Golden Tips for Explaining Your Depression To Your Children

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Portrait of father and his teenager son having serious conversation at home

Children are good observers who quickly learn what is happening around them. They are exceptionally sensitive to changes, especially when the change affects their families. A parent or guardian who monitors the daily activities but suddenly fails to inspect anything is a change that can bother a child. A child is quick to notice some visual indicators that show when a parent is suffering from a particular disease. Lack of caring or interest is quickly noted by kids and may be an indicator of a severe depressive disorder.

Younger Kids

Explaining what is affecting you is of paramount importance. Children can suffer from hurtful and unexpected beliefs if they are left to make their own conclusions. Children lack the ability to interpret situations efficiently because they do not have enough experience. Little kids always have issues with vocabularies. They are less likely to comprehend terms such as “mental health” or “depression.” You should keep your statement brief and use simple terms that the child can readily understand.

Physical illness is closely related to mental illness. A child who recalls suffering from the flu can precisely understand the idea of experiencing illness that made him/her feel unwell, but the situation got better after some time. Try to share the symptoms in simple words. Depression can hurt someone inside making them weep. Although it does not hurt the head, it sometimes hurts your stomach and muscles. Allow your children to ask any questions, but your explanations should be brief. Giving a long and more detailed explanation of what your physician advised you to expect will not help the little child to understand what is happening.

You just need to assure your child that you are following the doctor’s instructions and taking the medication. As a consequence, your child will trust that you will get well with time. Try to be realistic and positive and avoid promising your kids that your condition will improve within a few days. Explain to them that it takes a long period to get better at times. Assure your kids that you will continue spending quality time with them once your condition improves.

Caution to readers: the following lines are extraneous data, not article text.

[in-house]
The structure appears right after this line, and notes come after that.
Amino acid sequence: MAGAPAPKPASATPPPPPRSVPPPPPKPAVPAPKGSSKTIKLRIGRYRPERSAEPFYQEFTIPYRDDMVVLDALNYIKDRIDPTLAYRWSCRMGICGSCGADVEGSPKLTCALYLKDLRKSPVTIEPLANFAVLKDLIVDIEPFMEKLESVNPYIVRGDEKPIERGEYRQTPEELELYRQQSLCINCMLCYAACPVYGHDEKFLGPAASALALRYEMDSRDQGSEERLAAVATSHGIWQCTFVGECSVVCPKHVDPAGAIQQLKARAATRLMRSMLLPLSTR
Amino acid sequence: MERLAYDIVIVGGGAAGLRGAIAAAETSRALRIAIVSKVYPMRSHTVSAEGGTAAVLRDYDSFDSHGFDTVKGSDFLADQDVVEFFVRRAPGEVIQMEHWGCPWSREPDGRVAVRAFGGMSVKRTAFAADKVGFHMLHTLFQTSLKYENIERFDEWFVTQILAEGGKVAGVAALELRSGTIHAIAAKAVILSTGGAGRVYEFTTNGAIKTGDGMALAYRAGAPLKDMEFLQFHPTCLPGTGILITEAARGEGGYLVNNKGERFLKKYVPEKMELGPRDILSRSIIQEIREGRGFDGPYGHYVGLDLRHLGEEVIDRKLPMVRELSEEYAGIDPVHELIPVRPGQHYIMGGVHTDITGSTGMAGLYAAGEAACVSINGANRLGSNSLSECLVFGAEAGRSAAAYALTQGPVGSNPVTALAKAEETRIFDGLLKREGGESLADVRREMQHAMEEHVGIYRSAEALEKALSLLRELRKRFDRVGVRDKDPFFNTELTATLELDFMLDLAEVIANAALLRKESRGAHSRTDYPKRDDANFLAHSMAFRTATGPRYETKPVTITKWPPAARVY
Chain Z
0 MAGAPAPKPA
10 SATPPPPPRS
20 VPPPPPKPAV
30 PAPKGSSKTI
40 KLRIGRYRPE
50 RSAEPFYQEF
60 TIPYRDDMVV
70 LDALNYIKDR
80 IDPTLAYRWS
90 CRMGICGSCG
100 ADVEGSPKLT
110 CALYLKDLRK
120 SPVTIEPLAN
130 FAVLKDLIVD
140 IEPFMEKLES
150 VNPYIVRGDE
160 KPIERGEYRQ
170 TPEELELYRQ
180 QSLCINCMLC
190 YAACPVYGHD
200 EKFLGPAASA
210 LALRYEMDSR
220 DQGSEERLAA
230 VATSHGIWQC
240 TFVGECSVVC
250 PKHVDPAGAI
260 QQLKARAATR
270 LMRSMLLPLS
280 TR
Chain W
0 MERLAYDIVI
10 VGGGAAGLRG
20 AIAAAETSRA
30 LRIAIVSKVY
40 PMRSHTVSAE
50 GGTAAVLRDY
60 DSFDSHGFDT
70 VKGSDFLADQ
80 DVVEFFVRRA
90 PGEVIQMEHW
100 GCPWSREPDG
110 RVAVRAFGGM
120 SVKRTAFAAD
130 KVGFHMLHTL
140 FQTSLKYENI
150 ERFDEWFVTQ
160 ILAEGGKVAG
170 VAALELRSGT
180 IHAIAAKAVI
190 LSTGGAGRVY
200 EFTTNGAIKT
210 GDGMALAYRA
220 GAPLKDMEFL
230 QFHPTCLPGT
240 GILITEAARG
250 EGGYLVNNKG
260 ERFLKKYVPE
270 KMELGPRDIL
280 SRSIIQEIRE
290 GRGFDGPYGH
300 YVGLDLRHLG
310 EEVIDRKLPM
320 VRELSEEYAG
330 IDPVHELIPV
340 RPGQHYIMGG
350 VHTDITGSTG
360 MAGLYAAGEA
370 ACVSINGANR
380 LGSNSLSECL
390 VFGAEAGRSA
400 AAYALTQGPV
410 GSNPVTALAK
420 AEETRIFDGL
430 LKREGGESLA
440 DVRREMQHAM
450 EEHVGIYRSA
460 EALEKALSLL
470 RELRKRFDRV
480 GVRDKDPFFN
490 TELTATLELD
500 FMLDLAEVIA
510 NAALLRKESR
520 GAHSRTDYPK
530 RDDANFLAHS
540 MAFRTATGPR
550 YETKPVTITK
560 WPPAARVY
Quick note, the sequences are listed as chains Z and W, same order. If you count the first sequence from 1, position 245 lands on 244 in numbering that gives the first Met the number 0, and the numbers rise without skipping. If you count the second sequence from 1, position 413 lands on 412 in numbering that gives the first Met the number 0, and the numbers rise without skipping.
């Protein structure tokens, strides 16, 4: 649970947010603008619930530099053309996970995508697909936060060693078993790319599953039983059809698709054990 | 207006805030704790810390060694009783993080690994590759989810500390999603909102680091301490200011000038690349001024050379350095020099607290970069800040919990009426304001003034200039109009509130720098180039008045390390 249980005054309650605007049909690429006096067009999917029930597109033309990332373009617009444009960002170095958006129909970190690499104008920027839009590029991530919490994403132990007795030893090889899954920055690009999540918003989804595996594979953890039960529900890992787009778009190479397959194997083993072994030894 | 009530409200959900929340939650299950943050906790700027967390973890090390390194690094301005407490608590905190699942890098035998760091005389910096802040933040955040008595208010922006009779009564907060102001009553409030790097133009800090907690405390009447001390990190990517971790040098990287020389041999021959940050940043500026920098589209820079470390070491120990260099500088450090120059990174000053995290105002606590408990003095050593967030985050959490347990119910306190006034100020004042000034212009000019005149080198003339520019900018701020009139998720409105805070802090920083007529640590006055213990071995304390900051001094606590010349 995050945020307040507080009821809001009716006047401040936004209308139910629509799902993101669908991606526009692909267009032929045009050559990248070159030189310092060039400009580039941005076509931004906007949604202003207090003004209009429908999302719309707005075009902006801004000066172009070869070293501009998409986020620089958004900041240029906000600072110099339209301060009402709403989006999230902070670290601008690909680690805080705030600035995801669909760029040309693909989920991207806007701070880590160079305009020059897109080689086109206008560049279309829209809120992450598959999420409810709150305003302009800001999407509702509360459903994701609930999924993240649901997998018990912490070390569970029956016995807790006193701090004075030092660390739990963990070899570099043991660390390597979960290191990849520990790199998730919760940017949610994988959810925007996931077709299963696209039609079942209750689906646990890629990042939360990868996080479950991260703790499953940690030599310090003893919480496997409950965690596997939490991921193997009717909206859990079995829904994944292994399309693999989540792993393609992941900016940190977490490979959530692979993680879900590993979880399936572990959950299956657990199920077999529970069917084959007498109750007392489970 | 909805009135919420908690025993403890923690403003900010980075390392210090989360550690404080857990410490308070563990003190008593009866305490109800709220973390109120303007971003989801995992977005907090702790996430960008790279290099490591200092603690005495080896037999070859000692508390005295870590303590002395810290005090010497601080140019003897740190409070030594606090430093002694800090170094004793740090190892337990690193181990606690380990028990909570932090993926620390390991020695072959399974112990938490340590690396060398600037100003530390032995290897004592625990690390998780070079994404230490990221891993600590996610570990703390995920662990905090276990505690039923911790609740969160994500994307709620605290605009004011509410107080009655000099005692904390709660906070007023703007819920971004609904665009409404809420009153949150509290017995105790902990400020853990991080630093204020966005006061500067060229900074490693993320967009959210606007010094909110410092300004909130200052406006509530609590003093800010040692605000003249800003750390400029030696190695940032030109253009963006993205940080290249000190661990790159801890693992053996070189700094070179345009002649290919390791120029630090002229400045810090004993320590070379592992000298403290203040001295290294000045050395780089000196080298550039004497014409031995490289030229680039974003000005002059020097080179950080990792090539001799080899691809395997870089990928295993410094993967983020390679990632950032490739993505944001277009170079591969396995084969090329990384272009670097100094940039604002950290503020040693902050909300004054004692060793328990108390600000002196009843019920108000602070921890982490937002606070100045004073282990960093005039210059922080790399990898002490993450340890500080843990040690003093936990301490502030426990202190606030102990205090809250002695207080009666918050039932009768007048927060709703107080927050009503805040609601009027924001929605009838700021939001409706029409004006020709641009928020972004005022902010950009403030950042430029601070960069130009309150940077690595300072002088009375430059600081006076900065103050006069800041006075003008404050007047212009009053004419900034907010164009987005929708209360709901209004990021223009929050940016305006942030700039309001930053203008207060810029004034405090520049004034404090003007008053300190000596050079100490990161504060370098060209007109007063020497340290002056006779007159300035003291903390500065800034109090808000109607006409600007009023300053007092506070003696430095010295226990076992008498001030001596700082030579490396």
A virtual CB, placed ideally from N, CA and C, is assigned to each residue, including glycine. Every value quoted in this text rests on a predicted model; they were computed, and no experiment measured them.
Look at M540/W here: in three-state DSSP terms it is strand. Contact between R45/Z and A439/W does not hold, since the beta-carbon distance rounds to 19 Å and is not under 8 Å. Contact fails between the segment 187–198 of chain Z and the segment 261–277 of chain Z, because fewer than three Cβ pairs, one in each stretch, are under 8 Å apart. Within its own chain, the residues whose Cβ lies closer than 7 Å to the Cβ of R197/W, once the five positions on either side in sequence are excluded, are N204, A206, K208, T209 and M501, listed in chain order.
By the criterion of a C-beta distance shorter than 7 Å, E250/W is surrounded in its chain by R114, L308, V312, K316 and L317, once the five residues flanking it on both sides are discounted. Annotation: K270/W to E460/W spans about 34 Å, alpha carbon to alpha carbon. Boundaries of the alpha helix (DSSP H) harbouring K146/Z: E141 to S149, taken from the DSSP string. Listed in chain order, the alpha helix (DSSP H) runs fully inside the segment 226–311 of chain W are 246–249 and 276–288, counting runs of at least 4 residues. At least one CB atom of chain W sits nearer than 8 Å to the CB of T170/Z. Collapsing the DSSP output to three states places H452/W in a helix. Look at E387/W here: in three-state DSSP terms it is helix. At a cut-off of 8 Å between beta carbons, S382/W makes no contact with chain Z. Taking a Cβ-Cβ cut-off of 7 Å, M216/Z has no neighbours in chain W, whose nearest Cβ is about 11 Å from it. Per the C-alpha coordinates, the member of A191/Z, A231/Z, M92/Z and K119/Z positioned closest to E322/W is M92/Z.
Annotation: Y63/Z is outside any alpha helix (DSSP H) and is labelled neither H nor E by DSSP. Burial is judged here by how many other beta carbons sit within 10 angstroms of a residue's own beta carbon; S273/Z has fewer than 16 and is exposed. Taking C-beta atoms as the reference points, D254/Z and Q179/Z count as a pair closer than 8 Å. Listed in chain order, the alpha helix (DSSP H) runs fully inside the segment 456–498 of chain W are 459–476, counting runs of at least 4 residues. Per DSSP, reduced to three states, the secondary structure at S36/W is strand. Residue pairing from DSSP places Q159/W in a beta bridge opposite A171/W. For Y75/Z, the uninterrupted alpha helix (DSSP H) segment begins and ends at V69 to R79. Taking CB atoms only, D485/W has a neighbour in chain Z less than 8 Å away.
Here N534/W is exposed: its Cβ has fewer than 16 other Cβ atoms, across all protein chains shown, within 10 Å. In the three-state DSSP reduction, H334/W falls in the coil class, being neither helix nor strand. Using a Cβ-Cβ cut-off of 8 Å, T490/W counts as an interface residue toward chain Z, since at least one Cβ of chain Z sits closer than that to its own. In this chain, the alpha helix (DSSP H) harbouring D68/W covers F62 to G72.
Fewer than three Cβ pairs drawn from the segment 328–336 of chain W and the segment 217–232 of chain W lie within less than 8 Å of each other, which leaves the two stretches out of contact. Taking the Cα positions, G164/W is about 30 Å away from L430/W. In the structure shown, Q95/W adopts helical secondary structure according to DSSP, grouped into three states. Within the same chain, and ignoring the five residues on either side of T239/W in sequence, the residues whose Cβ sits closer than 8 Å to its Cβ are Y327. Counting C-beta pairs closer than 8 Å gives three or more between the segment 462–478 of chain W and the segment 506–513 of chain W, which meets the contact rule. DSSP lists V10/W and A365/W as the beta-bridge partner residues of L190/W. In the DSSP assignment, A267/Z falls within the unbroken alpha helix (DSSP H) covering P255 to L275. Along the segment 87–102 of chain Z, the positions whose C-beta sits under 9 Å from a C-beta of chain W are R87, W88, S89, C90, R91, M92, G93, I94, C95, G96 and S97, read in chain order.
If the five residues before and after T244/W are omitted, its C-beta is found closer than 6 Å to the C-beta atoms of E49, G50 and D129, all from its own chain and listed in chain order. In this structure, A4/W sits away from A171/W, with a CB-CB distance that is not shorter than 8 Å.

However, ensure that they fully understand that a mental illness is a condition that happens unexpectedly. They should know that they are not the cause, and you still love them very much. Assure your kids that they can seek help from other mature persons if the condition worsens or if they require something that their parents cannot meet.

Teenagers and Older Children

Teens can think that you are likely to commit suicide, but they might find it quite challenging to ask the questions directly. Assure your children that you cannot commit suicide. If you experience suicidal thoughts, ascertain that you have thoroughly shared with your doctor, and you have managed to control the feelings.

Older children are likely to understand the state of depression better. However, they are less likely to understand the difference between clinical mental illness and a general feeling of sadness. You need to explain the difference between the two and also explore how the medication works and the time required to complete the treatment.

In summary, if older children ask you how they can assist you, just ask them for support and patience. Assure them that the support you are receiving is adequate and they are not entitled to performing tedious domestic chores or other challenging responsibilities. Always use simple terms when explaining your depression to your children. Suggest and specify the other responsible adult whom they can reach for love and safety.

Image source: Thinkstock/JackF

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